In the July issue of C&RL, Thomas Nisonger & Charles Davis have a paper titled “The Perception of Library and Information Science Journals by LIS Education Deans and ARL Library Directors: A Replication of the Kohl-Davis Study.” This is, well, a replication of the 1985 Kohl-Davis study, which ranked LIS journals based on the perceptions of LIS school deans and research library directors. Mostly because I was just curious (and because I’m hung up on IF lately — must be my upcoming 3rd year review), I decided to compare Nisonger & Davis’ findings with the latest IF rankings. Conveniently, both are based on 2003 data. So I created this table, comparing the latest IFs (which you can download from Web of Science) & the K-D results (but only the data from deans, since that’s what I personally care about). I only have the top 20 rankings here, though IF goes to 55 & K-D goes to 71.

Rank IF K-D
2 MIS Quarterly
3 J Amer Medical Informatics Ass’n ARIST / LISR
4 Info Syst Res
5 Info Manag – Amsterdam JDoc
6 JDoc Library Trends
8 C&RL
9 Scientometrics ASIST Proceedings
10 J Manage Info Syst RUSQ
11 IP&M C&RL
12 J Info Sci JELIS
13 Int J Geogr Inf Sci Libraries & Culture
14 J Health Commun J of the Medical Library Association
15 Lib Resources & Tech Svcs Lib Resources & Tech Svcs
16 Gov Info Q School Library Media Research
17 Int J Info Manage J Info Sci / Libri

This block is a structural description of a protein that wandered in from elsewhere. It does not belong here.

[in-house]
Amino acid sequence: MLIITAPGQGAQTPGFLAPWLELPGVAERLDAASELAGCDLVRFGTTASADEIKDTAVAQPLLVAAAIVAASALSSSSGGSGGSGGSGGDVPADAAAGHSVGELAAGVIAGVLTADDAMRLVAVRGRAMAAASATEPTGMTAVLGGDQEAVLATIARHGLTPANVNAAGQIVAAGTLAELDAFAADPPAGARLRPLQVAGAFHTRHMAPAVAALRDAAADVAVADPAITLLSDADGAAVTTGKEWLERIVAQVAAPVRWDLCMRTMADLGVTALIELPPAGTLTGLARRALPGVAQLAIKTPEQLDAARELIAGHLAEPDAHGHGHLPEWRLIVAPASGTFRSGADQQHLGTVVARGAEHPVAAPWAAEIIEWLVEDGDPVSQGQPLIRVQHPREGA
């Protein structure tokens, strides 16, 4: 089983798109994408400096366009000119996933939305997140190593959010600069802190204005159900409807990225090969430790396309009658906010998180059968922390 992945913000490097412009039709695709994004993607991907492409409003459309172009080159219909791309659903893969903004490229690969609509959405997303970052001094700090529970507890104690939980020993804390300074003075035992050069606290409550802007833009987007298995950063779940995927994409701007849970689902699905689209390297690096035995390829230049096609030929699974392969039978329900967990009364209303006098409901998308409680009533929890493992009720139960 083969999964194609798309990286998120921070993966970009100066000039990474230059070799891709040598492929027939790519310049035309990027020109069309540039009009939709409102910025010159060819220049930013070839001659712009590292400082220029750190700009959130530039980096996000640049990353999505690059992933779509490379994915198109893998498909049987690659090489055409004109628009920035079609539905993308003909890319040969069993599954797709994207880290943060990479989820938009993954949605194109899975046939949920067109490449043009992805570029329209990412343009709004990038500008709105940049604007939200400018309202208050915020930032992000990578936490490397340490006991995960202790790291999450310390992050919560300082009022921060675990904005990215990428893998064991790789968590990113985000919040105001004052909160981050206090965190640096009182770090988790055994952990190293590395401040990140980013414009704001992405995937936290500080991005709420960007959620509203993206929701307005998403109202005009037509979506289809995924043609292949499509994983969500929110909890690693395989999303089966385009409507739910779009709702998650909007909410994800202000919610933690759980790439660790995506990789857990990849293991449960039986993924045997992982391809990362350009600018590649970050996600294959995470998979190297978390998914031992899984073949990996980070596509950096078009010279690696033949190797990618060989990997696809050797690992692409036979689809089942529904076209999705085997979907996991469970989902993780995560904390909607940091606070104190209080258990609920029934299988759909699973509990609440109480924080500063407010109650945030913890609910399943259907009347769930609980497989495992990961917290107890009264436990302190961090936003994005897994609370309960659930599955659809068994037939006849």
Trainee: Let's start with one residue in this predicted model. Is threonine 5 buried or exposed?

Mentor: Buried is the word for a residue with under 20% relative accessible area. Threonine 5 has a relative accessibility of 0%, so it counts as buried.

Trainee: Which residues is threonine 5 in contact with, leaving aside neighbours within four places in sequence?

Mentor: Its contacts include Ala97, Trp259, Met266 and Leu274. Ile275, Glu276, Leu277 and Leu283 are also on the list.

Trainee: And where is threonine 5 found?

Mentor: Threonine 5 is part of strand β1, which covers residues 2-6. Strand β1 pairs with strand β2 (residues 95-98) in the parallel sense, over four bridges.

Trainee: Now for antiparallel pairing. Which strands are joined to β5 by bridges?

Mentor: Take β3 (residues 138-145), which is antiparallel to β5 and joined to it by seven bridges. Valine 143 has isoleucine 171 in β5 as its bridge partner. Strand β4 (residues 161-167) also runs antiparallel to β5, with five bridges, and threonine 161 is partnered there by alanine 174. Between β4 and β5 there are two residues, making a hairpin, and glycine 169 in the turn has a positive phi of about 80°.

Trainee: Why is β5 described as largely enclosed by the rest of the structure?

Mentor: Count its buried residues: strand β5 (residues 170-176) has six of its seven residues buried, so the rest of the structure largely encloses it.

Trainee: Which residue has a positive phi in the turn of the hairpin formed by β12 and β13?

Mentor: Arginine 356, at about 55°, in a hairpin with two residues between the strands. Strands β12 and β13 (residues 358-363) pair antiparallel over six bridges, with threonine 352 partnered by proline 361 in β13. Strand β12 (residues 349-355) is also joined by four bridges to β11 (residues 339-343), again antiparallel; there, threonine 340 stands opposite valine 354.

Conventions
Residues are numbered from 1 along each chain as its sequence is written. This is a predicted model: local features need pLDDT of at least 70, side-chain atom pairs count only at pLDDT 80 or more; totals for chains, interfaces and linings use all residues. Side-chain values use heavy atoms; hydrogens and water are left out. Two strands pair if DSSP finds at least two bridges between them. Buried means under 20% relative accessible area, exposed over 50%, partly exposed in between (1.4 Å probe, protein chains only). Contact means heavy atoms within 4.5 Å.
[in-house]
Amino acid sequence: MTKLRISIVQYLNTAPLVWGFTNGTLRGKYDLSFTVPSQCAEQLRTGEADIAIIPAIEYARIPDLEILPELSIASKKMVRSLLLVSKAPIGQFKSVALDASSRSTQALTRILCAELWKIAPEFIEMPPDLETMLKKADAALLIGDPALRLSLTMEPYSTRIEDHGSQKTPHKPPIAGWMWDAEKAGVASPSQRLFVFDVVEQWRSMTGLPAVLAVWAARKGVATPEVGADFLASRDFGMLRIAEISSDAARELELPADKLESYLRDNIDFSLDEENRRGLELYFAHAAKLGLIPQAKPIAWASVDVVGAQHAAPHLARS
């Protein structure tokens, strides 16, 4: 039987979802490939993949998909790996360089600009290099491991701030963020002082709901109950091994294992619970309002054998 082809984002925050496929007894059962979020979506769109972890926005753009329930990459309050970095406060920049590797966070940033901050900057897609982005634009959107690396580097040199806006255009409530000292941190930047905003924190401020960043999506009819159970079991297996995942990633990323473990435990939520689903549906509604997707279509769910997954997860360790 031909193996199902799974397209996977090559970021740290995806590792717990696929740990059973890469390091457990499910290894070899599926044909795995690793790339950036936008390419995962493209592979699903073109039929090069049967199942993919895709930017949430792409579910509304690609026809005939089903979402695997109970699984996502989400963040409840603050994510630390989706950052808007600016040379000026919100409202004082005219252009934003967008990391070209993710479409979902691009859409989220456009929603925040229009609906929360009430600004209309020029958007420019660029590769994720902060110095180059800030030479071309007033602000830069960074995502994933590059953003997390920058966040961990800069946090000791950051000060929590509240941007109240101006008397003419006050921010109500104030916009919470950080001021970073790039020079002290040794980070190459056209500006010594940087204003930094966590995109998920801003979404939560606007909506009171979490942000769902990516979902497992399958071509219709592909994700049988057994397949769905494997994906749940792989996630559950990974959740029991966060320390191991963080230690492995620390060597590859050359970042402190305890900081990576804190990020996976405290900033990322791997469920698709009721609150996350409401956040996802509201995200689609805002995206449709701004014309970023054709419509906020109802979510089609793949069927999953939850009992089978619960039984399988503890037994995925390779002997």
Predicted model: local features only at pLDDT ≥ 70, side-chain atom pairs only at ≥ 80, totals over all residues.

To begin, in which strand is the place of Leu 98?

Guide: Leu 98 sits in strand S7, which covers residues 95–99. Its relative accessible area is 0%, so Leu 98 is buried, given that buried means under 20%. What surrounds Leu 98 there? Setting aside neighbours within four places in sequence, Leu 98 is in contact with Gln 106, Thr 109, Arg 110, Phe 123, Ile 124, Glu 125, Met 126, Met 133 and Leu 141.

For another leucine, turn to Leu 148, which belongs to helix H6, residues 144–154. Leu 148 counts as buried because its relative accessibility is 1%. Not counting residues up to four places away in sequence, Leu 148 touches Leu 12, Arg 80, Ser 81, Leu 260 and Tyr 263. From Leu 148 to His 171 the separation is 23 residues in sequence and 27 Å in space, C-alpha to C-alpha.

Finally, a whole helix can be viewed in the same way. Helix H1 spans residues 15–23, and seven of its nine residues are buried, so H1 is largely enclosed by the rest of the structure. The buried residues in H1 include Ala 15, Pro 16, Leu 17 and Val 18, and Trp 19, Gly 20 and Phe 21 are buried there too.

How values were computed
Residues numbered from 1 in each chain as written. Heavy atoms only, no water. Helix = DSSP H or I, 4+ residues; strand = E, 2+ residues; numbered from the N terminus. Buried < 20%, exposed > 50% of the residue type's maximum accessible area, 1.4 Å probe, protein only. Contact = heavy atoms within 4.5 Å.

18 Telecommun. Policy
19 Libr Inform Sci J Amer Medical Informatics Ass’n
20 LISR School Library Journal

Interesting that in the top 10, only 3 appear on both lists, and only 9 appear in both top 20s.

Bollen et al. have an article in the December 2005 issue of IP&M (don’t even ask me how that’s out yet) titled “Toward alternative metrics of journal impact: A comparison of download and citation data.” In it they propose this taxonomy of impact measures:

Bollen et al 2005 Fig 5

The first dimension corresponds to whether an impact measure is based on frequency-based metrics as opposed to structural metrics. The second dimension concerns whether a measure is based on author- or reader-defined data sets.

Clearly the K-D study measures reader-defined ranking. But it seems to me that the X-axis really needs 3 points (thus making it a plane, not an axis, yes, I know): frequency-based, structural, & perceptual metrics.